Filed under: Capitalism, Democrat Corruption, Economy, Energy | Tags: Chevron, Misguided Energy Policy, Obama Administration
The aim of our current energy policy is greater efficiency and development of new energy technologies to reduce our dependence on oil imported from unstable or unreliable regions, and to reduce emissions of greenhouse gasses, more than 80% of which are associated with the production and consumption of energy. That almost sounds like a real policy.
The effect of this is to replace low cost energy with high cost energy, while attempting to maximize employment instead of minimizing the cost of employment. There’s a difference.
So far there has been a significant reduction in imported oil, but it is due to a weak economy and high unemployment rather than to any improvement in vehicle fuel economy. Reduction in greenhouse gases is unrelated to wind power or to light replacement, but due to the recession and the increase in natural gas from shale deposits.
American energy policy has traditionally promoted cheap and abundant energy to sustain economic growth. An energy policy that relies on economic weakness is not in our national interest. We are focusing all of our effort on solutions that are small scale and high cost.
Obama has recently acknowledged that oil and gas remain the fuels of the future — though he may not mean it. In order to reassure Americans concerned about the price of gas at the pump when some are warning of $5 a gallon gas this summer, Mr. Obama has resorted to his old standby of calling for a one-third reduction in U.S. oil imports by 2025. He believes in setting definite goals. It sounds impressive although it is meaningless, and distorts the market. We used to call this “central planning”
The only conceivable way to meet that goal is by dramatically increasing U.S. oil production — immediately, said John Watson, the CEO of Chevron, in an interview with the Wall Street Journal’s Kim Strassel. The argument that we are running out of oil is popular with greens and Democrats, but, says Mr. Watson, largely irrelevant. We have been running out of oil for a very long time, but technology keeps creating new opportunities. Over the past 30 years, as “peak oil” was a nearly constant theme, the world’s proven reserves of oil and natural gas increased 130% to 2.5 trillion barrels.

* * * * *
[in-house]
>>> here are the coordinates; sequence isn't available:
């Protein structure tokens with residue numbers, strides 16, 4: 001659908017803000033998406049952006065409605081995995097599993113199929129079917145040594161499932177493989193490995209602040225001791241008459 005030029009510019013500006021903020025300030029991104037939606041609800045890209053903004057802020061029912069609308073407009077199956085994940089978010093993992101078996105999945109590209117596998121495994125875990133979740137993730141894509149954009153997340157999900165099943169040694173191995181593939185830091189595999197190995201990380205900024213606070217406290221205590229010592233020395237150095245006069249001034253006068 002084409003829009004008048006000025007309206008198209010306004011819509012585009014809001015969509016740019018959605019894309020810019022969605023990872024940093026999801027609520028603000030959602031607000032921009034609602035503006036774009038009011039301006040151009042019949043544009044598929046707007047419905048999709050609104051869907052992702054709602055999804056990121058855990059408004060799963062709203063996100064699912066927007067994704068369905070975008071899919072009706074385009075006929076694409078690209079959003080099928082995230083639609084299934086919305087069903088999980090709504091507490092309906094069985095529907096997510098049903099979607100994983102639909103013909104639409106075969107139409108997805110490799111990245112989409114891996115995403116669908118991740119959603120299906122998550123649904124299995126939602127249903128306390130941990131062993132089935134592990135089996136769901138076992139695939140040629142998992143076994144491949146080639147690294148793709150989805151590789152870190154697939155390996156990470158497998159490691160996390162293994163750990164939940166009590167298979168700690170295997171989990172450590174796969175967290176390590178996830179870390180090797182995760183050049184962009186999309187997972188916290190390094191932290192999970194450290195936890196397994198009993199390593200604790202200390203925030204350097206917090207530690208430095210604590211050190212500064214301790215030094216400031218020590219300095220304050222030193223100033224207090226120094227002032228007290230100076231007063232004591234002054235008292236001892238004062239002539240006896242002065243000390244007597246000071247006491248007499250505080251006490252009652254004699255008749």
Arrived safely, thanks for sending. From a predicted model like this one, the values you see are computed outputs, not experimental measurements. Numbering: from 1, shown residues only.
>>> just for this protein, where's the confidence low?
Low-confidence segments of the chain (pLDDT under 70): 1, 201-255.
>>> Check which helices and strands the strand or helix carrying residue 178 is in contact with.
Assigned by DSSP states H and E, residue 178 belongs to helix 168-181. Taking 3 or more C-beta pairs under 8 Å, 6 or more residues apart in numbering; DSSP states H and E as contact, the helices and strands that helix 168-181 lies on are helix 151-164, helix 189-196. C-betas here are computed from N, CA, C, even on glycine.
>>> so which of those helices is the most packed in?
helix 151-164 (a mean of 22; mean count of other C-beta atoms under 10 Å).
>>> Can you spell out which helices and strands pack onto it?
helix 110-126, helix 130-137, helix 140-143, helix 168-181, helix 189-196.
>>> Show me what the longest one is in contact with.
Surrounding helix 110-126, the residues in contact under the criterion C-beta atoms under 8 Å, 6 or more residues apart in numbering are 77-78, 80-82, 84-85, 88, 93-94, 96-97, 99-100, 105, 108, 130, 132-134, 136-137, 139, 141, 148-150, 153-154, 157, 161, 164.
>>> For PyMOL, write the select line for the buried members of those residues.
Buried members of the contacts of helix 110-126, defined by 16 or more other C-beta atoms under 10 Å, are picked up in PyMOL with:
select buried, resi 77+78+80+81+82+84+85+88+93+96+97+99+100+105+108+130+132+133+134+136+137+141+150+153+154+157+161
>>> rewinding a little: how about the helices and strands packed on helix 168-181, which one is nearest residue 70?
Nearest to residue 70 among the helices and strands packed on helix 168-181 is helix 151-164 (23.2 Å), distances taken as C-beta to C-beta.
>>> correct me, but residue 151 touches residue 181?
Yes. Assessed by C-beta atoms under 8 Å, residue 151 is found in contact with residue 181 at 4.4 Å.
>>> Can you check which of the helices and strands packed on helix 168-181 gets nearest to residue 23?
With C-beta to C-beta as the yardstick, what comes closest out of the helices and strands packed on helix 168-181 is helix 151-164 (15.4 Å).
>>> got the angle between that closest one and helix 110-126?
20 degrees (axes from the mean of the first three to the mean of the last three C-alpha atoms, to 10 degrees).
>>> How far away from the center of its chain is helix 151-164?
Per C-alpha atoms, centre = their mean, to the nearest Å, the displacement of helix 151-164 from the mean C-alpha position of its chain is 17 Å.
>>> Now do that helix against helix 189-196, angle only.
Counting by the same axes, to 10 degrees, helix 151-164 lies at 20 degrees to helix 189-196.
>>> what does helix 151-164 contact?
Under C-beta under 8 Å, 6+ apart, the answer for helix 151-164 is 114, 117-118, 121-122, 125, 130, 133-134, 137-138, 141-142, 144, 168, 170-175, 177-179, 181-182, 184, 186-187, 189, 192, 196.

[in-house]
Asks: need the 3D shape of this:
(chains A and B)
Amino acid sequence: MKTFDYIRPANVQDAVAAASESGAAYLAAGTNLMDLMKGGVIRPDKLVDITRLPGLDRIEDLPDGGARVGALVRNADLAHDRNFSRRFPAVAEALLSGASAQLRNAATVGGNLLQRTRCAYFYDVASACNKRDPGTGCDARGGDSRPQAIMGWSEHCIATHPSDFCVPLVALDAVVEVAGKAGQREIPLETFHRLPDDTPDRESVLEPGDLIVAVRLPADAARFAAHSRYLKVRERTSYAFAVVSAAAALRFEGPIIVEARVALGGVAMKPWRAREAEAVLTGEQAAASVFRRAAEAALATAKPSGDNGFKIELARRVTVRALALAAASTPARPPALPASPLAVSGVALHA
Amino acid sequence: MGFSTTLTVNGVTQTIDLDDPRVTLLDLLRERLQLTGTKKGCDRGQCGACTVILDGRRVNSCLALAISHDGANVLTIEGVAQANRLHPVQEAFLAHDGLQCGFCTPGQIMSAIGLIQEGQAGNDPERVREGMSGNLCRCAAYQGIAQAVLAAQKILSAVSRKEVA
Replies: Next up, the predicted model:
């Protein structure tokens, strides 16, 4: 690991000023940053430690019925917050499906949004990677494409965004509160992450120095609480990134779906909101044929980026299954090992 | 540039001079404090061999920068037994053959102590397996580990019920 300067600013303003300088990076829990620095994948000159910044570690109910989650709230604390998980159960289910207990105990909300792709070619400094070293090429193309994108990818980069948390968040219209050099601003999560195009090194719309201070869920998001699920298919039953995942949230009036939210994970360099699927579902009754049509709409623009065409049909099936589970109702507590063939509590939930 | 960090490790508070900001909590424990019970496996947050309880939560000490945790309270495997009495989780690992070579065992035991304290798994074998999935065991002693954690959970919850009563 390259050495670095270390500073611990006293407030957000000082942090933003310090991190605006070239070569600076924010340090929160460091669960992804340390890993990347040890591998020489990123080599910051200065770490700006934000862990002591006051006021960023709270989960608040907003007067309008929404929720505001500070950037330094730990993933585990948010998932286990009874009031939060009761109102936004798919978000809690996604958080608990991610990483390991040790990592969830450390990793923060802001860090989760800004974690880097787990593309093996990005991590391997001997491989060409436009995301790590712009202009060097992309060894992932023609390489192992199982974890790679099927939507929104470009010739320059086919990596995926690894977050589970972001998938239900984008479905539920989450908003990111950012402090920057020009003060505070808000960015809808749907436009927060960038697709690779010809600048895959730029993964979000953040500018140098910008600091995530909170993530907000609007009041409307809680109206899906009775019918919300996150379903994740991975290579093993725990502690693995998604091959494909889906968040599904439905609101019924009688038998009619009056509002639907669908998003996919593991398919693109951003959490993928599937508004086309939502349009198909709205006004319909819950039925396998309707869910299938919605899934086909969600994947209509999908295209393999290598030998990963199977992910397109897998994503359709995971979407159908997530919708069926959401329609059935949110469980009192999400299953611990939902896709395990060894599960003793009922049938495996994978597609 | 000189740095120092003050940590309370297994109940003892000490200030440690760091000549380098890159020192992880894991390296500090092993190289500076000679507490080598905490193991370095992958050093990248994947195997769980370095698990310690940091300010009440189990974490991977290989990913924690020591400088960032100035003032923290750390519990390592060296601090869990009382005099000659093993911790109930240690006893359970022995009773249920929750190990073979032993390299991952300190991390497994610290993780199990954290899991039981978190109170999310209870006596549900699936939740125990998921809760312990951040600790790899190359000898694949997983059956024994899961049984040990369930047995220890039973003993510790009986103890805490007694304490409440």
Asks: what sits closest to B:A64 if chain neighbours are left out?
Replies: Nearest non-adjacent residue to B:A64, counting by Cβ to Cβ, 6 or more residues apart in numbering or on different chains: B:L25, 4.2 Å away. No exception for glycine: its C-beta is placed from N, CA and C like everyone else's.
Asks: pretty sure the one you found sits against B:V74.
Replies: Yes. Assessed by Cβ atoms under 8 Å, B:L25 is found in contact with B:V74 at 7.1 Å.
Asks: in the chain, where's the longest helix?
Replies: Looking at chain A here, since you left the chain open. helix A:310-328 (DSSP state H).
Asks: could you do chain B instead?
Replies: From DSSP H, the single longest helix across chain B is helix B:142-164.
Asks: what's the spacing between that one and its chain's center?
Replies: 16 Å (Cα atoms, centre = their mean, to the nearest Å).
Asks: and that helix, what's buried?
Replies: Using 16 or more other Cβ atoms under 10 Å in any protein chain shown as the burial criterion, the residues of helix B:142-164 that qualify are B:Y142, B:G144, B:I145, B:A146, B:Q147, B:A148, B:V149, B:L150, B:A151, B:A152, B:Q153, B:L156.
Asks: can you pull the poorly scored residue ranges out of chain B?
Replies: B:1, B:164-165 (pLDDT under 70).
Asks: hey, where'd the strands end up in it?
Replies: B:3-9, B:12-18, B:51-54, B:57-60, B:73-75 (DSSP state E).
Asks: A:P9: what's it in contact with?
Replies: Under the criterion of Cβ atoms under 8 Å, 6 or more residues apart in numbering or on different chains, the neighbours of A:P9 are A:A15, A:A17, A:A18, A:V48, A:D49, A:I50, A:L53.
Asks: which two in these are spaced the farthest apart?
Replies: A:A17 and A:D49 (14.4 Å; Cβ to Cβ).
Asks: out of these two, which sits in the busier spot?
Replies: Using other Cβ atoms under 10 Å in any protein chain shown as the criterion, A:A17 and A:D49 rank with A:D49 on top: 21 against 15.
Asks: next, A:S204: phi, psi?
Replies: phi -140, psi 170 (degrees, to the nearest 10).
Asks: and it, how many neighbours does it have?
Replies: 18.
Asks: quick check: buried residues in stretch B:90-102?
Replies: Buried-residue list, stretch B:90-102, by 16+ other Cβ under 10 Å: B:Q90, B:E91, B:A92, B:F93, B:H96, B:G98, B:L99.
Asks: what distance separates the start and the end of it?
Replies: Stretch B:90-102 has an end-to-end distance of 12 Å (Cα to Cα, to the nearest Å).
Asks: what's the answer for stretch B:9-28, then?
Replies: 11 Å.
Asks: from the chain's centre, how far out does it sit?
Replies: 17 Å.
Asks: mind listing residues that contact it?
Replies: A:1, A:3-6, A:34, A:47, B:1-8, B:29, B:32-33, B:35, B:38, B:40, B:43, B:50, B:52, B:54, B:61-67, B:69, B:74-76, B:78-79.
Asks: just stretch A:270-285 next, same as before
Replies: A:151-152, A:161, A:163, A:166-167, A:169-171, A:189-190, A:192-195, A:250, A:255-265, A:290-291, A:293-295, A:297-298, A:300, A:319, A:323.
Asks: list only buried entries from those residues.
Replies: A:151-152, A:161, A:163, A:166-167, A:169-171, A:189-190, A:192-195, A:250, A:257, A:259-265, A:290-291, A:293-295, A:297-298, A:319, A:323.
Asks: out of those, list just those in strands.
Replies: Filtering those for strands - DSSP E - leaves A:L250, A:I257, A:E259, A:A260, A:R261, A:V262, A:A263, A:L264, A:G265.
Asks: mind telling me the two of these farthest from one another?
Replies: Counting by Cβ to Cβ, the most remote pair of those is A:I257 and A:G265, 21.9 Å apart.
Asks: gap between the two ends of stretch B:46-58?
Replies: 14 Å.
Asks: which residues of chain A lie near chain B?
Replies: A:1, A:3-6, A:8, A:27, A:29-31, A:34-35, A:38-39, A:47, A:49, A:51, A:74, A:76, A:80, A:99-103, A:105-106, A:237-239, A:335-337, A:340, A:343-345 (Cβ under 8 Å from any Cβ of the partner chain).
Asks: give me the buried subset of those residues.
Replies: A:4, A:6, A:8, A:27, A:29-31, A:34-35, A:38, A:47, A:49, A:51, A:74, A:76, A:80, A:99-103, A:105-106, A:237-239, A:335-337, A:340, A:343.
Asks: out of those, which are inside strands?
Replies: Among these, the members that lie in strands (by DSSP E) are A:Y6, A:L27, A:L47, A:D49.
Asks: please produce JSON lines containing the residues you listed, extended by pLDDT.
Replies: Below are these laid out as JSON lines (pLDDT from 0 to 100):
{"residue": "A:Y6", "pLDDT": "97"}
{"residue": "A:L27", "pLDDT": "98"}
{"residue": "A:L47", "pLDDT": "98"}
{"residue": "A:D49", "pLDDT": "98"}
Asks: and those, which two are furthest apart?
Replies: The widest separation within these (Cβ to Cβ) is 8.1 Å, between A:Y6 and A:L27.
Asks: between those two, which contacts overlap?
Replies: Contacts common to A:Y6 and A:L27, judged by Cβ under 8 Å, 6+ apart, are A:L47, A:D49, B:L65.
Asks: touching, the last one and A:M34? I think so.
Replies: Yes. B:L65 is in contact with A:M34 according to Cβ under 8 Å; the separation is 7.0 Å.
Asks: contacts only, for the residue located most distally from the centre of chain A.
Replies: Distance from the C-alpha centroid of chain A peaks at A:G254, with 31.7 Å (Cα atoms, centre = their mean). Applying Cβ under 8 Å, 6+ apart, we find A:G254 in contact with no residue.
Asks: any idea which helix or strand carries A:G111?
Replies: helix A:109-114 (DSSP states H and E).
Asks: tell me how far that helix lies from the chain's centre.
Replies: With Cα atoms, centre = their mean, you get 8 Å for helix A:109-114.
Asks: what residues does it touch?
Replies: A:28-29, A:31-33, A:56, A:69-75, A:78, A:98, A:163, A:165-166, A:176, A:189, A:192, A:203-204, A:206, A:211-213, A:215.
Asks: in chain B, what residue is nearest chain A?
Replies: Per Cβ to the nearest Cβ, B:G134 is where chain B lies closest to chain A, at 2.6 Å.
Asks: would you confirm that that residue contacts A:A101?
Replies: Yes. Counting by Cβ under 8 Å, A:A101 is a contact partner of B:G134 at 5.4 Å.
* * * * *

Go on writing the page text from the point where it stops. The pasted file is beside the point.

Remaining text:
The world consumes 250 million barrels of energy equivalent today, only a “tiny fraction of which” is wind and solar—and even those “are not affordable at scale,” he says.
As for biofuels, “we would need to consume land the size of states” to hit the country’s current ethanol targets. Chevron is investigating biofuels, but Mr. Watson says the “economics aren’t there yet.” Unlike many CEO’s, says Strassel, Mr. Watson insists on products that can prosper without federal subsidies.
Obama’s endless moratorium on drilling has already meant that “if you go out to the middle of the decade, there are a” huge new regulatory burdens on industries that are import sensitive, putting their competitiveness at risk, and ultimately we’ll produce less gasoline here and end up importing it from refineries that are less energy efficient overseas.”
If we are serious about promoting recovery—we would be promoting abundant low-cost energy at a scale suitable for a $14 trillion economy for which employment gains in the energy industry didn’t come at the expense of productivity.
Over and over, the Obama administration claims to be creating jobs and working for an economic recovery; while with the other hand they issue regulations that work to the opposite effect—killing job opportunities, damaging industries—and extending the length of the recession. All that “investment” has gone to paying off his supporters, not to rescuing the economy. He knows how to do payback, it’s the recovery he doesn’t understand.
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